The Cons and Cons of Netflix Splitting Services By Launching Qwikster

There was a brief period where Netflix worked so well that it was like magic. For a small fee you could consume as many movies as you wanted from a gigantic library, through DVDs sent back and forth in the mail between you and the service. Then the company launched their Watch Instantly service, and suddenly you could watch a portion of their library even more easily by streaming them right from the website. At first that was a free option, built right into your subscription, but eventually the pricing structures switched around so that you were paying a bit for both.

Not a problem, Netflix was still a near magical service that allowed film enthusiasts, even those who lived in the country and not in cultural epicenters, greater access to more movies than they’ve ever had in their lives. Eventually use of Watch Instantly exploded, it was a hugely popular service that had lower overhead costs than shipping DVDs through mail, Netflix seemed to have two huge cash cows in their hands.

But that’s where the problems started.

In recent times Netflix has stumbled a bit in figuring out how to handle being a streaming business and a movie by mail business at the same time. Watch Instantly is hugely popular, and offers the highest profit margin for the company. But getting the streaming rights to films is expensive, and a lot of work, and the Watch Instantly service hasn’t been able to come close to matching the size of the DVD library. Clearly Netflix sees that their future is in Streaming, and they would like to ditch the less profitable mail service as soon as possible, but they just haven’t been able to get a large enough streaming catalogue to make customers forget how much they love those little red envelopes.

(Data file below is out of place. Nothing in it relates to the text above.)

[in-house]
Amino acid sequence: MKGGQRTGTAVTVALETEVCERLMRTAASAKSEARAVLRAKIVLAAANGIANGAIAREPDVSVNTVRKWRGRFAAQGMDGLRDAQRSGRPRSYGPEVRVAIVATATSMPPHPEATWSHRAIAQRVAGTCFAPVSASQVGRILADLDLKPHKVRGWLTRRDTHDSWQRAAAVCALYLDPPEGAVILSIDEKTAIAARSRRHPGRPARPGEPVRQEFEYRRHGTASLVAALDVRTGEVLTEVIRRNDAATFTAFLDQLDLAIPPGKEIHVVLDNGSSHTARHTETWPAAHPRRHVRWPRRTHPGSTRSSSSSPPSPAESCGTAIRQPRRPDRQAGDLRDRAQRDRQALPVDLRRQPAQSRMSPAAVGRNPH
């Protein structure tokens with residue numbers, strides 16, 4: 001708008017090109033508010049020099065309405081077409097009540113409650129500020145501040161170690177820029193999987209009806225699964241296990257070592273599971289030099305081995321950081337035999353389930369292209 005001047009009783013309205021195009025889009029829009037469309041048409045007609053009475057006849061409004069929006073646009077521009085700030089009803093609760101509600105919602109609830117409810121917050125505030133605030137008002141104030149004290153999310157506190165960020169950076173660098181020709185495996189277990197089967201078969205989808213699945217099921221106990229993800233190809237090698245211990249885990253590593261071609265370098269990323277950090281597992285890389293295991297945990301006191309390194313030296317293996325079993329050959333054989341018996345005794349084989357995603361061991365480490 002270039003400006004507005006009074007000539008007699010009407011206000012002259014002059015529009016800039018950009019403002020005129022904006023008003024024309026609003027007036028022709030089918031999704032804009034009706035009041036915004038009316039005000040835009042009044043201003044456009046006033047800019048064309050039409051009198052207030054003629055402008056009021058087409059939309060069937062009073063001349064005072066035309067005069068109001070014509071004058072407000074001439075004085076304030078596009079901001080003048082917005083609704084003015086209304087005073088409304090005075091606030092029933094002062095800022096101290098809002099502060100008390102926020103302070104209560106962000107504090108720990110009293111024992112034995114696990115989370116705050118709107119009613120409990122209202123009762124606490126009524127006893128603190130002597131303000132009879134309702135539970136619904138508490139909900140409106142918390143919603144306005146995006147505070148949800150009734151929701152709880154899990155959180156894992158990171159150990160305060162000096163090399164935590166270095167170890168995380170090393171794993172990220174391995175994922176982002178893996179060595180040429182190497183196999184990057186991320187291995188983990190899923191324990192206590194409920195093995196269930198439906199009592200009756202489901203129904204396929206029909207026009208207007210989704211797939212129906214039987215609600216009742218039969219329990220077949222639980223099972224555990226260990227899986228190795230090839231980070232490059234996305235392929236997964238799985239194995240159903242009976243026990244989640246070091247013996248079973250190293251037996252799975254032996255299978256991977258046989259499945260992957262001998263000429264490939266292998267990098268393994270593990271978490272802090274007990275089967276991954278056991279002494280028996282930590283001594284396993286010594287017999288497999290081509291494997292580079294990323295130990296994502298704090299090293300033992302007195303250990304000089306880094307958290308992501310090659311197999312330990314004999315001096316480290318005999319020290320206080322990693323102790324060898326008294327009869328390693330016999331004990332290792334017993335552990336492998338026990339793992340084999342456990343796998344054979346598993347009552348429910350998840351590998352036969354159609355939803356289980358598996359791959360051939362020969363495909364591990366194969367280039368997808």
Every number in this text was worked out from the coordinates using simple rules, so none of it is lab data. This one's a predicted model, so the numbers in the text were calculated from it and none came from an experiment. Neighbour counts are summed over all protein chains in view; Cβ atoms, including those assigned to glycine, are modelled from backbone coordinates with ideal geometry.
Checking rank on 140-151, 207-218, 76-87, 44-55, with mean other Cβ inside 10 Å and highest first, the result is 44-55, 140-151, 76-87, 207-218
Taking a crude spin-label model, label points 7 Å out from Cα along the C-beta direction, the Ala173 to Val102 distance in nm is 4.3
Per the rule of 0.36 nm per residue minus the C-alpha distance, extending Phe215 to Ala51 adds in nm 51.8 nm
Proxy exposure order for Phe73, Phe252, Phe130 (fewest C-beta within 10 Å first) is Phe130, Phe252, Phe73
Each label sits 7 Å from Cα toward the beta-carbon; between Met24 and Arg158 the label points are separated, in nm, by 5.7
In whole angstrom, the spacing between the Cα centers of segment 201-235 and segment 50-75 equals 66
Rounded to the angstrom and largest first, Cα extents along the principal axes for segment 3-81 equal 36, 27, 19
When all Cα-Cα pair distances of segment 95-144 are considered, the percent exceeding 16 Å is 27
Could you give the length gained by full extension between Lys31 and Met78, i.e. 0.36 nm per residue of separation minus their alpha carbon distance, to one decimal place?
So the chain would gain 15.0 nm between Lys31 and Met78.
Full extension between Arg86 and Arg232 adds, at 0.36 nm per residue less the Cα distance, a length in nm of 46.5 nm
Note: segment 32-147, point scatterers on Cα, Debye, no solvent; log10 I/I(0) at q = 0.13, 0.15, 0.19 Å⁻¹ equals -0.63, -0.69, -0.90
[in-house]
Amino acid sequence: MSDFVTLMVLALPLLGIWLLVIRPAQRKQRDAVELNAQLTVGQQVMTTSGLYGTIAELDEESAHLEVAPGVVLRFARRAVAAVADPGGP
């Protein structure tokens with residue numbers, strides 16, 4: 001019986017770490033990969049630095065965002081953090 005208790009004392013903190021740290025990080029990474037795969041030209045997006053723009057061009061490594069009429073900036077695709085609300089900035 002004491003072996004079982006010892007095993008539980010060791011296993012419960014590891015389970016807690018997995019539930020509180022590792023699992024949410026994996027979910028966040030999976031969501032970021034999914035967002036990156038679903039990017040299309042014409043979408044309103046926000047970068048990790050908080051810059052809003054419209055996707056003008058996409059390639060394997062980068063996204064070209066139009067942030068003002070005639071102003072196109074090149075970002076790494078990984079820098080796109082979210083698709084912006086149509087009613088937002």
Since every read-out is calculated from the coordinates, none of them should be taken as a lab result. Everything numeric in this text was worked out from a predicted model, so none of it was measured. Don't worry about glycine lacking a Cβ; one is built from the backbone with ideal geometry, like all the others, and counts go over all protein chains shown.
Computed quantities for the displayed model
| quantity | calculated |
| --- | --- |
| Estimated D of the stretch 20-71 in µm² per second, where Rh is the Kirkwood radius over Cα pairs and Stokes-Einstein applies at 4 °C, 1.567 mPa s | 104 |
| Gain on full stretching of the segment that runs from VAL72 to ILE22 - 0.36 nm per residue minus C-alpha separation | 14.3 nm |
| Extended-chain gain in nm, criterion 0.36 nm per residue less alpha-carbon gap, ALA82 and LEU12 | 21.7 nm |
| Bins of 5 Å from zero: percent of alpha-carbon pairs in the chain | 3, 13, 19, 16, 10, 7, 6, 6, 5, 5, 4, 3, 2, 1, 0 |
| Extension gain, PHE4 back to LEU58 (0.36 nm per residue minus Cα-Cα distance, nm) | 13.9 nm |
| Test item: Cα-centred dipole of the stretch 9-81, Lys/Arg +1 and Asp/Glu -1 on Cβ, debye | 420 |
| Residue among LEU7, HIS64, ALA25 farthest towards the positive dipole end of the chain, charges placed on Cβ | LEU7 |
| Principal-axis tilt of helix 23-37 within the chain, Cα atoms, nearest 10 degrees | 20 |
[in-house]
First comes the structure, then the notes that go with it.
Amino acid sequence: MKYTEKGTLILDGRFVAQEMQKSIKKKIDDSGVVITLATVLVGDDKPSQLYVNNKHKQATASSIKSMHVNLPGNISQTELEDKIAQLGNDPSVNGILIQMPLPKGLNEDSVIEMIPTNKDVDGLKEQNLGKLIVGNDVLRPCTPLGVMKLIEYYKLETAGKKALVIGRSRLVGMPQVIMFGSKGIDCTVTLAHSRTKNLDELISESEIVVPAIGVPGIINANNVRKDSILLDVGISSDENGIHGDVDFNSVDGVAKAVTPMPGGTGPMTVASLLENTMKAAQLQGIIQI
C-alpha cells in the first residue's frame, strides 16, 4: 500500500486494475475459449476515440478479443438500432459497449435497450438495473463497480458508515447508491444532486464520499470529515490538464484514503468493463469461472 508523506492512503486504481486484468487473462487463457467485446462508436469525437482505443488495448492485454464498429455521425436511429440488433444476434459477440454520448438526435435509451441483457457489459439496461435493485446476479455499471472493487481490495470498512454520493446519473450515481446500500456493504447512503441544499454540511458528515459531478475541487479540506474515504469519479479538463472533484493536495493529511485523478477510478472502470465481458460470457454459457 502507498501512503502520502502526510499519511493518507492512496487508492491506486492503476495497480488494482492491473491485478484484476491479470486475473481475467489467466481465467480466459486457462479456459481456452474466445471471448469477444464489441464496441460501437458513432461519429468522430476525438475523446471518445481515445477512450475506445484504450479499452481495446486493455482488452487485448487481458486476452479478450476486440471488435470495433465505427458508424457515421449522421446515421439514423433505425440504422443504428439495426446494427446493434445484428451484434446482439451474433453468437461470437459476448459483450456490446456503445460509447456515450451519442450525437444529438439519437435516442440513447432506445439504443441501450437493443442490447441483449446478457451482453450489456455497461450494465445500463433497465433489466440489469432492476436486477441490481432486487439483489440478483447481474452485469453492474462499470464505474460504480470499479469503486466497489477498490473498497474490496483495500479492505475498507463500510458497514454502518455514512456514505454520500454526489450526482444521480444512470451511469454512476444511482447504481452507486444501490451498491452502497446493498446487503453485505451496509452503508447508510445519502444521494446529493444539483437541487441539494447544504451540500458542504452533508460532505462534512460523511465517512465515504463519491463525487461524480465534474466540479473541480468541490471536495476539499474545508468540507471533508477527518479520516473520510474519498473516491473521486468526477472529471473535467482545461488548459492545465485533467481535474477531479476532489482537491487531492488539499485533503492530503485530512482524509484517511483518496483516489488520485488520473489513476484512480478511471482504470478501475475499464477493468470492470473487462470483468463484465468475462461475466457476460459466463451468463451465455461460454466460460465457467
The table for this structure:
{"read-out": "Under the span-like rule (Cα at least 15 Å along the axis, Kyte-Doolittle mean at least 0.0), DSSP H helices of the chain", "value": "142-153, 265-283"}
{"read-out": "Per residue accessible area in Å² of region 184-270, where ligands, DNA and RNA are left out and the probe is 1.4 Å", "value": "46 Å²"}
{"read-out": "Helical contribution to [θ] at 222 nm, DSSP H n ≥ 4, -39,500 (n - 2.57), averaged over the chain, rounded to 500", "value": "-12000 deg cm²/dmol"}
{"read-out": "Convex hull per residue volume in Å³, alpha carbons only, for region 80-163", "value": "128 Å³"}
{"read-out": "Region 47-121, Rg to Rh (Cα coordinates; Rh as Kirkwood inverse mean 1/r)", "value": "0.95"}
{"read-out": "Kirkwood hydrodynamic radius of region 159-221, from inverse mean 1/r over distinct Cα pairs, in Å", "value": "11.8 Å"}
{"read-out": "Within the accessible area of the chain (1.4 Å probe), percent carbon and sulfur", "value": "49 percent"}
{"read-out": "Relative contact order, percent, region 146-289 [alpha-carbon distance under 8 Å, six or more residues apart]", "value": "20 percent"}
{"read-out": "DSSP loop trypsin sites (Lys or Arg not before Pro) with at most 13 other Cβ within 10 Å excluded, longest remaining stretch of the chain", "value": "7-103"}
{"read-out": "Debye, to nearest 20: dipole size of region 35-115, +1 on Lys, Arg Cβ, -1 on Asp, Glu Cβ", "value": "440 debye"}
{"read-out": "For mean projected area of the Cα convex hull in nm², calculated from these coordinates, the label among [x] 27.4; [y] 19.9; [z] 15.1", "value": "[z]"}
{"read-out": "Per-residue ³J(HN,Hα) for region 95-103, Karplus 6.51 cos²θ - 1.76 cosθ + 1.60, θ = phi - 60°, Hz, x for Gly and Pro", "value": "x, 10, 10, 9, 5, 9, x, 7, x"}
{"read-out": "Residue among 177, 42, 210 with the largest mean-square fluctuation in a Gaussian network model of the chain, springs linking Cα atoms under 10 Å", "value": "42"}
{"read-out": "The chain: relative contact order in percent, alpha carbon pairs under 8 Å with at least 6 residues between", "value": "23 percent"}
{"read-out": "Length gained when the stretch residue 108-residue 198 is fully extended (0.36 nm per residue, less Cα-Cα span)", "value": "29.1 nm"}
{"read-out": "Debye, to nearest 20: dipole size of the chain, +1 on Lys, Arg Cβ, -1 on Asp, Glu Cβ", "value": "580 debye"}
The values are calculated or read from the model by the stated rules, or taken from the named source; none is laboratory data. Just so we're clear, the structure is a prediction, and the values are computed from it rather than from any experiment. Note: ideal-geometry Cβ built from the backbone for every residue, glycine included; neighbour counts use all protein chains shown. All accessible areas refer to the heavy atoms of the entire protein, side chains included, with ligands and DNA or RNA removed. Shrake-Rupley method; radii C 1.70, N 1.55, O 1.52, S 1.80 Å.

To wean customers off of their DVD addiction they first offered a streaming-only package, making that the centerpiece of the service and keeping additional DVDs by mail as an add-on for a couple bucks a month. This didn’t change the price of a Netflix subscription by much and kept the service they were providing mostly the same, so people were okay with it. But then, two months ago, Netflix made a decision that has had huge repercussions for them. They separated their Streaming and DVD services entirely, and started charging a full price for each of them. This meant that customers who use both services were getting their Netflix bills almost doubled overnight. In addition to that, they made it harder to search for physical copies of movies and manage your DVD queue from their various mobile, Blu-ray player, and video game system apps.

Despite the fact that Netflix was still the cheapest, easiest way to consume a ton of movies every month, they had raised prices and cut services at the same time, and people didn’t like it. Since the announcement they’ve lost a million or so subscribers and their stock price has taken a huge hit. Something needed to be done.

Enter Qwikster.